PUBG dev argues Fortnite spat is about Epic and Unreal Engine’s conflicts, not about owning the battle royal genre
Last week, following Epic’s announcement that PvE-centric Fortnite would be getting a PvP-centric battle royal mode its paying PvE players apparently didn’t want (but that’s OK because it’s free?), we all rolled our eyes at the transparent attempt to capitalize on the runaway success of PlayerUnknown’s Battlegrounds. Developer Bluehole, however, did more than that: In a press release, it all but accused Epic of ripping off the mode and suggested it’d be contemplating some sort of action against the company, causing a market run on virtual popcorn as everyone watched two massive video game companies prepare for a possible legal war over what seemed to many gamers to be a pretty old game trope.
But in a new PC Gamer interview, Bluehole has since clarified its position: It’s not about the games’ shared ideas but about Epic specifically.
“This is not about the battle royale game mode itself,” VP/EP Changhan Kim told PC Gamer. “There were other BR gamemodes earlier this year that were released, like last man standing or GTA 5’s battle royale game mode, and we never raised an issue. […] Battle royale is just about last man standing, it’s a simple game mode, and we’re not claiming any kind of ownership over the game mode or genre itself. It’s not for us to even comment.”
His implication is that Epic’s stewardship of Unreal Engine has created a unique problem, as PUBG licenses that engine and needs to work directly with Epic, now a direct competitor in the LMS space, to seek improvements to the engine specifically for PUBG, which could be “leaked, or other things could happen.”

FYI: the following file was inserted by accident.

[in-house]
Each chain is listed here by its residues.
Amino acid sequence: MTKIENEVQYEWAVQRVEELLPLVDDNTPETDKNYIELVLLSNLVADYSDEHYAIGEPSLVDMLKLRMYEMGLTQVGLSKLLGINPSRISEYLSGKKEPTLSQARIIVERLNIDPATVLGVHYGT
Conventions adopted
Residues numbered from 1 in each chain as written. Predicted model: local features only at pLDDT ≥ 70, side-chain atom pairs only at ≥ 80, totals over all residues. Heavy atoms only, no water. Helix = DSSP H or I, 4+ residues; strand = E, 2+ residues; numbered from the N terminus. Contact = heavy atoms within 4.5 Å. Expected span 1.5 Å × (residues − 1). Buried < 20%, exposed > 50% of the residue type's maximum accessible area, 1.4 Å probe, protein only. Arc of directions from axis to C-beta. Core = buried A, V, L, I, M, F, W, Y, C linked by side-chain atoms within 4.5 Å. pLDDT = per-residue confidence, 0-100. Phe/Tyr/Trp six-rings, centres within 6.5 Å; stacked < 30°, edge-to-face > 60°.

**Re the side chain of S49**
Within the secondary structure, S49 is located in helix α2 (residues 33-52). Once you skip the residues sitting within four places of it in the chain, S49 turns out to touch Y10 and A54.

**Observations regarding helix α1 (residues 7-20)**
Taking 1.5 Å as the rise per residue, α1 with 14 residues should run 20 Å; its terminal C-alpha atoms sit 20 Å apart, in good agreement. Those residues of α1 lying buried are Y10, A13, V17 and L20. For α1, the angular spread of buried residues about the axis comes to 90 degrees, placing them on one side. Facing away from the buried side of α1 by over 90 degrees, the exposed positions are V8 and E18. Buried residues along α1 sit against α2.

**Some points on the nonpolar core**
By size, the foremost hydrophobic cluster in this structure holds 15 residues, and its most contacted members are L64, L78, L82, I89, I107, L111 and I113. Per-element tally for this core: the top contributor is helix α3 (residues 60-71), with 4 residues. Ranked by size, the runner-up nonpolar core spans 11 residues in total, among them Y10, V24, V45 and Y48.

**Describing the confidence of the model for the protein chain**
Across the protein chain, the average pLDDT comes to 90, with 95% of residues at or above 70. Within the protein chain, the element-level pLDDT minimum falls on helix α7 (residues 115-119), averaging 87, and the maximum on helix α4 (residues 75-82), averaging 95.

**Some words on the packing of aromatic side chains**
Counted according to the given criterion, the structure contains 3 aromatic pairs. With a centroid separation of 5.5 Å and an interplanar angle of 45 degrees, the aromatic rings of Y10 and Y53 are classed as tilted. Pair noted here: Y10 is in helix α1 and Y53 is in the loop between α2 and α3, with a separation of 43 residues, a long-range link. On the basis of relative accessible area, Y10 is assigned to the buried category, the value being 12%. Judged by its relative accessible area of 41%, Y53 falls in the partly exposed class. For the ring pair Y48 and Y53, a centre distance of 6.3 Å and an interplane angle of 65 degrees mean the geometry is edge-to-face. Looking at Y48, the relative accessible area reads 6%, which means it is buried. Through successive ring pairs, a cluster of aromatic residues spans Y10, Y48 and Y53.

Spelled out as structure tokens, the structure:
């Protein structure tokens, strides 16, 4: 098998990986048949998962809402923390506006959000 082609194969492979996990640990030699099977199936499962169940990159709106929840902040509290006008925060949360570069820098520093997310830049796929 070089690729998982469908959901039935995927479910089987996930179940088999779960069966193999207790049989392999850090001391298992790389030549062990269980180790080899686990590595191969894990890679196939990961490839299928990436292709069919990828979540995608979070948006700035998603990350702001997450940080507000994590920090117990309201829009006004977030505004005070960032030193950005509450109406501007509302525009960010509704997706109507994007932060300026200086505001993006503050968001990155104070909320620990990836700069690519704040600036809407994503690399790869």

“There are a lot of different issues but everyone else that released a battle royale game mode made their own thing, but it was Epic Games that made this game that is similar to us that has similar elements, and that’s the concern, that it was Epic Games. We use Unreal Engine to develop PUBG, and we pay a large amount of royalties based on the size of our success to Epic Games. […] We just want to emphasize this only a problem because Epic Games is the company that makes the engine we use and we pay a large amount of royalties to them. And we had this business relationship and we had trust that we would be getting continued support, and we were looking forward to working more closely with them to get technical support, maybe develop new features. But our name was used to officially promote their game without our knowledge. There was no discussion. It was just a bit surprising and disappointing to see our business partner using our name officially to promote the game mode that is pretty similar to us and there was misunderstanding in the community that we’re officially involved in the project.”